I felt that this would be a good time to make a couple of predictions about what might happen before this film ends.
Dolph Lundgren will attempt to rebuild his dead son out of the limbs of real-life landmine victims and dismantled helicopters, who will then exact revenge on where-ever it is landmines come from. Because of symbolism.
A bad guy is going to be killed by a landmine. Because of also symbolism.
I’m never right with the predictions I make about shit films, but I think I might be on to a winner with at least one of these.
Dolph Lundgren and the Revenge of the Landmines
Dolph is nowhere to be seen, as Ducky is kidnapped by the bad guys after very politely waiting outside her apartment for her to leave, instead of kicking her front door into splinters and dragging her out by the hair. This is yet more bad guy behaviour that doesn’t sit well with Dolph, who employs the services of a psychic child to show him the whereabouts of the bad guys secret lair, so he can speak to whoever is in charge. At said lair, Duck-Face is hanging from the ceiling, ready to be tortured to provide information about…well…nothing really. She’s no use to them in any way that I can figure out, but they still insist that she tells them what she knows.
As the film approaches it’s climax, we are introduced to the main bad guy – a dull looking British, suit-wearing toff…
…who says menacing things to Duck-Face before leaving the scene and boarding a train. This man is also (twist!) the chief designer of the super-advanced landmines, which even Dolph Lundgren’s ADHD (and shrapnel) riddled son could have figured out. Dolph falls down a mineshaft just in time to rescue Duck-Woman, and heavily armed mine workers are mown down left and right.
The gruff bad guy and Dolph meet up in a storage room full of landmines that predictably doesn’t go well for the bad guy, as he is left alive but paralysed. To finish him off in the most ironic way that Dolph Lundgren could think of, they leave a landmine next to him and leave. When it finally explodes the entire facility goes up like the Hindenburg, killing everyone apart from Dolph and Ducky who teleport to safety just in time.
Meanwhile, on the bad guy’s train, the psychic boy from earlier has been kidnapped for some reason…
…as Dolph decides to chase after them on a dirt-bike, which makes no sense as they had no way of knowing there even was a train, never mind that the bad guy is on it, but whatever. It does at least allow Dolph to perform unnecessary stunts…
…and do Popeye-face…
…right before using a handily placed ramp to jump on to the train and immediately begin slide-shooting its passengers.
The contents of the train decide that now is an appropriate time to begin randomly exploding…
…as Dolph makes his way towards the passenger cabin. But before he gets there, he makes sure to throw a bad guy off a train, who (no shit) explodes.
During all of this, the main bad guy stares at his new child boyfriend without bothering to see what all the racket is, as Dolph opens a door…
…and the big showdown begins. As some fisty-cuffs happen, it seems the bad guy is about to triumph over a man three times his size, as he dangles Dolph Lundgren over the side of the train and says,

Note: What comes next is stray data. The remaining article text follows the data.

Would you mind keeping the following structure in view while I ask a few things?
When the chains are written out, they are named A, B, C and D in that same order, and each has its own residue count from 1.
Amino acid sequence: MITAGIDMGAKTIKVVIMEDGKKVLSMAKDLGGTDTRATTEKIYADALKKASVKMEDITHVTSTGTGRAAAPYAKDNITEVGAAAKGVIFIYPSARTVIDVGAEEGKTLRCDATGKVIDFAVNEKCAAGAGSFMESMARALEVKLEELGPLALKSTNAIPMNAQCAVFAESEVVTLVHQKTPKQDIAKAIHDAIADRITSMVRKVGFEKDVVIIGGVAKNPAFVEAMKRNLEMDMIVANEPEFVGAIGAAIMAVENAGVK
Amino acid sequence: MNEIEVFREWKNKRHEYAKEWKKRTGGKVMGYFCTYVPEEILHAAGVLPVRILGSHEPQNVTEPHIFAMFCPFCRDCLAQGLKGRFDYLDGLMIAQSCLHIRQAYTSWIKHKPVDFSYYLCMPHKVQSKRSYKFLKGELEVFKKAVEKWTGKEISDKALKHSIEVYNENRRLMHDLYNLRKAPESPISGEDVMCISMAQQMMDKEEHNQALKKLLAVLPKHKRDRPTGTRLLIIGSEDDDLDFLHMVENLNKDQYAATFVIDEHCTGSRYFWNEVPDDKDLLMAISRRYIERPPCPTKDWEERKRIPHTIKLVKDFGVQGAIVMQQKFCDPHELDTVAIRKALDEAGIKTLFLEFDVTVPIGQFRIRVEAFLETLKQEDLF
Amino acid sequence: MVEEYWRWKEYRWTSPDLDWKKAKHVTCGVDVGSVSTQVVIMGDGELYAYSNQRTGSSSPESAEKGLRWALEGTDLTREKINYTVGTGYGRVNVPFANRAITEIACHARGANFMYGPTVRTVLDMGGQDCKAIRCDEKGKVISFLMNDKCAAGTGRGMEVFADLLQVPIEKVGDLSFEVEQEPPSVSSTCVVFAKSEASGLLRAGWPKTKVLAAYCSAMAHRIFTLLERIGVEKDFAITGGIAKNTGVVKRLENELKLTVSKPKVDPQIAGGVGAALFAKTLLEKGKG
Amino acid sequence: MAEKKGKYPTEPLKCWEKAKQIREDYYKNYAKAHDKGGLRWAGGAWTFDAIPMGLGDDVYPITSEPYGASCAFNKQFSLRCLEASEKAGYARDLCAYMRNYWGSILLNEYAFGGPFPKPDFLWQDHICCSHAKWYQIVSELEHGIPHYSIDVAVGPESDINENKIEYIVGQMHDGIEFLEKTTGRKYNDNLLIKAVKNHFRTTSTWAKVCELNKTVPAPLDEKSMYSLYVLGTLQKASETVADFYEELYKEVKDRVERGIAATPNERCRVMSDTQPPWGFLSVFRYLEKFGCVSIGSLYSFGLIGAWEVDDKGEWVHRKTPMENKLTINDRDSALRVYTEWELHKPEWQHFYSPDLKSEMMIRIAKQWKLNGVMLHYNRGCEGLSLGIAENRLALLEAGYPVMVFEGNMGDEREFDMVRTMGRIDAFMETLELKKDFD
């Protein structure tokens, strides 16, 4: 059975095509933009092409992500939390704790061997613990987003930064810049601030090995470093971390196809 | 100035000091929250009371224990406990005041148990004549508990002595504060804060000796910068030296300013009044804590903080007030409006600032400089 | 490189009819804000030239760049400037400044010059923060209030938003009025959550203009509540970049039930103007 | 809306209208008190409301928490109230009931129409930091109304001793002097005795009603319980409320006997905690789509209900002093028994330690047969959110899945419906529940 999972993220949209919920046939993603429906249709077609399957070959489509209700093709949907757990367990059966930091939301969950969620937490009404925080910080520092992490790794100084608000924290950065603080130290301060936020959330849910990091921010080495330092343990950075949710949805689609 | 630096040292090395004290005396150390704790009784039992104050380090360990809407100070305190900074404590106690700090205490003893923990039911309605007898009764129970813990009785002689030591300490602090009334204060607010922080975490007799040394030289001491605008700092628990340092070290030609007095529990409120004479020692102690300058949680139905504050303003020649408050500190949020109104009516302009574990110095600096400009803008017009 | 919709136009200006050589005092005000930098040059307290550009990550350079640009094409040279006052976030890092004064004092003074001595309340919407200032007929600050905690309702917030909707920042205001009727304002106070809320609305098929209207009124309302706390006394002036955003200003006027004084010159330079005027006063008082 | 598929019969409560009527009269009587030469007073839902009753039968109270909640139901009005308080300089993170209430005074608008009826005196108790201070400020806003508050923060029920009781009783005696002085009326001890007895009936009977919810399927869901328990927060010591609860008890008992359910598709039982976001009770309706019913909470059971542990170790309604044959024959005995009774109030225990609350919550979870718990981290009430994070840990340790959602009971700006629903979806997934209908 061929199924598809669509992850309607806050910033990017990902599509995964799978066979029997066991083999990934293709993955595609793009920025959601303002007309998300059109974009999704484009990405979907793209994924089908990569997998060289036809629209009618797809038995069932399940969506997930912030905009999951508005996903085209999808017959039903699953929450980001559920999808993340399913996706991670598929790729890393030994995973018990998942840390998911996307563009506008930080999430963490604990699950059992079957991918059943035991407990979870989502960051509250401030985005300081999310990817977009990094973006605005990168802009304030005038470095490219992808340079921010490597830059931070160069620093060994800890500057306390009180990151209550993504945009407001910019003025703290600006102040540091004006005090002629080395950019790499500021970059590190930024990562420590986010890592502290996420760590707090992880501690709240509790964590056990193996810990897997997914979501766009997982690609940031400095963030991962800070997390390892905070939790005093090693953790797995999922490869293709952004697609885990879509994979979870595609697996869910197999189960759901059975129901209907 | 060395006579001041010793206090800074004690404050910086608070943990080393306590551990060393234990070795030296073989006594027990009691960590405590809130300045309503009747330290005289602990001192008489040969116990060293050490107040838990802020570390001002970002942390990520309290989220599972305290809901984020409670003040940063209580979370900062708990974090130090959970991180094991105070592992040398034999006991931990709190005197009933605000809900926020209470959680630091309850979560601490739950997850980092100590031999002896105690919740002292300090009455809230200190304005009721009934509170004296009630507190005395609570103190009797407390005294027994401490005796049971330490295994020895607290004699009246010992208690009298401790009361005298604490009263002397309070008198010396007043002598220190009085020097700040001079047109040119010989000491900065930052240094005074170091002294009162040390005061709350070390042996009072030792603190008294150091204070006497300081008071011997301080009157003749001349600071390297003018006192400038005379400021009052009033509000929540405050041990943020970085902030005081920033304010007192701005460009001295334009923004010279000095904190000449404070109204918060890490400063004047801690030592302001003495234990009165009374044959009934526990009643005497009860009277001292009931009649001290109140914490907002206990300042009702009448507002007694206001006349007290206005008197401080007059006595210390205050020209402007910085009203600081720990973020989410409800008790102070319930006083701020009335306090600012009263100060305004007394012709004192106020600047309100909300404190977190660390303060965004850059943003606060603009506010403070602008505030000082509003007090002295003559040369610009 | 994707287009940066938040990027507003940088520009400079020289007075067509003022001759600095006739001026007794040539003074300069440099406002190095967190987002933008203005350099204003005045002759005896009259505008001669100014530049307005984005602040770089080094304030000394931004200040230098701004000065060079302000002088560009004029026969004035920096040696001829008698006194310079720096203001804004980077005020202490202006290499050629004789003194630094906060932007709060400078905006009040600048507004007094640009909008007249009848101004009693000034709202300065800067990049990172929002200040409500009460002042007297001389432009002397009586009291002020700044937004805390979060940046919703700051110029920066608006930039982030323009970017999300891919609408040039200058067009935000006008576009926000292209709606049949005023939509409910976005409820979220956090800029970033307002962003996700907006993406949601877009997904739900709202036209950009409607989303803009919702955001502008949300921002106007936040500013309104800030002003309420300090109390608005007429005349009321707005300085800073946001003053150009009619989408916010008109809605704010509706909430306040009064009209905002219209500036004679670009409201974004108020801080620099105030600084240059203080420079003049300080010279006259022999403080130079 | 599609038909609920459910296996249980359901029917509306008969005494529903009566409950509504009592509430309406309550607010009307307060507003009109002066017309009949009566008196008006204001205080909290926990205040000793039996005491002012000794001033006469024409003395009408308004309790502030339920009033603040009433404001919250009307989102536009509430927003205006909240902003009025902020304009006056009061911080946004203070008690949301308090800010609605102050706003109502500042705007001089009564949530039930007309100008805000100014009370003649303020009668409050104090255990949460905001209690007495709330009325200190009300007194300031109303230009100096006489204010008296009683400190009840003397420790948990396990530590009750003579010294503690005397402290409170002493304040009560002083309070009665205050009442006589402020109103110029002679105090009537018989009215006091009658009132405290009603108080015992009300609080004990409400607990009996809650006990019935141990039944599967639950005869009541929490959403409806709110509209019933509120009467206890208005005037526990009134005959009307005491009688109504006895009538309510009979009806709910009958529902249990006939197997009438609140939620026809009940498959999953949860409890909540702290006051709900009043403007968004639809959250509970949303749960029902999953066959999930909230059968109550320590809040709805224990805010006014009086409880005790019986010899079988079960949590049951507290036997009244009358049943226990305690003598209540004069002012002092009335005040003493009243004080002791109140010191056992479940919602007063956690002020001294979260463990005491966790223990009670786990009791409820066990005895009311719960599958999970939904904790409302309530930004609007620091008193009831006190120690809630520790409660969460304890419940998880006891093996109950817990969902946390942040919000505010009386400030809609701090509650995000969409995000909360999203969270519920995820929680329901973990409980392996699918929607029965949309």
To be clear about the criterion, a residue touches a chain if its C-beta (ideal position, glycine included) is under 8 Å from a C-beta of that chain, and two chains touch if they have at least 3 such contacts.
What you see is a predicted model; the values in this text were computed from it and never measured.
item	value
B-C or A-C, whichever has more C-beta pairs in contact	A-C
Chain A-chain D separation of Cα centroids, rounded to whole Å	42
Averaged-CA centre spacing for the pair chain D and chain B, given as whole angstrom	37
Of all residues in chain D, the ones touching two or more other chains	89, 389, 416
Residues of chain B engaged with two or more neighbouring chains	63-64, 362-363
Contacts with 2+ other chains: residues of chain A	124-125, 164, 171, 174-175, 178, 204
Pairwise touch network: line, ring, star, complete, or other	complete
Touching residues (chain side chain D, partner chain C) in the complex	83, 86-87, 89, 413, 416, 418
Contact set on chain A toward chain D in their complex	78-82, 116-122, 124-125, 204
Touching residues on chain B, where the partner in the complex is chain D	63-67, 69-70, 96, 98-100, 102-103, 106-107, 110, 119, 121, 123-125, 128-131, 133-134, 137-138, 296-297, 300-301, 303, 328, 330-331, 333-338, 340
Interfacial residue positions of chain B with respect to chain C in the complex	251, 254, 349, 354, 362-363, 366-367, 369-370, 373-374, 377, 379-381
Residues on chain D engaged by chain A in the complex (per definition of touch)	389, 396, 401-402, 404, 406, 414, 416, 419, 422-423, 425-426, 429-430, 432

“Angels can fly because they take themselves so lightly.”
Which confirms he is a bad guy and a dribbling idiot. Eventually, Dolph gets the upper hand, as you would expect, and the bad guy is killed. Take a guess how?
Yes, of course he was killed by one of his own landmines, except the landmine was thrown like a ninja star in to his stomach…
…which then blows him and the train to landmine heaven.
Thankfully, Dolph and the boy who served no purpose to the plot jump to safety and swim to shore to be greeted by Duck-Lips (who obviously is now back in the movie).
Dolph, Duck-Lady, and their new adopted son all congratulate each other on appearing in Sweepers and everything fades to black.
Before tearing this film a new asshole, I would like to point out that there have been at least 70,000 Angolan amputees due to landmines.
That’s not fucking cool. But do you know what else isn’t fucking cool? Making a stupid god-damn Dolph Lundgren movie about it. No, Dolph.
When sweepers opened with a very serious, and factually accurate, text crawl detailing the carnage reaped upon Angola as a result of millions of landmines designed to mutilate indiscriminately, I was already asking some unnerving questions about what the hell kind of message this movie was going to try and tell me. And the problem was that I was already fully aware that the movie starred Dolph Lundgren, and had a massive exploding bridge on the DVD cover, and I know enough about historical sensitivity that if you want to deliver an important message about a real-life tragedy, you don’t find out if Dolph Lundgren is free next weekend.
The film sandwiches real, actual history, between 90 minutes of a screenplay written by the winner of a cereal box script-writing competition, and Dolph Lundgren doing stupid, stupid things, and is therefore about as morally bankrupt as a movie can get without being about midget vampires. So yes, whilst the movie is hilarious drivel from start to finish, and featured a ton of things that either made me laugh out loud or gave me explosion-boners, it should not have to be explained that those are not reactions you should expect to experience when exploring the Angolan civil war. And just to cement this films total lack of ethical backbone, have a read of the ending text crawl…
Yup, you read that right…
This movie tried to take credit for an actual ban on landmines.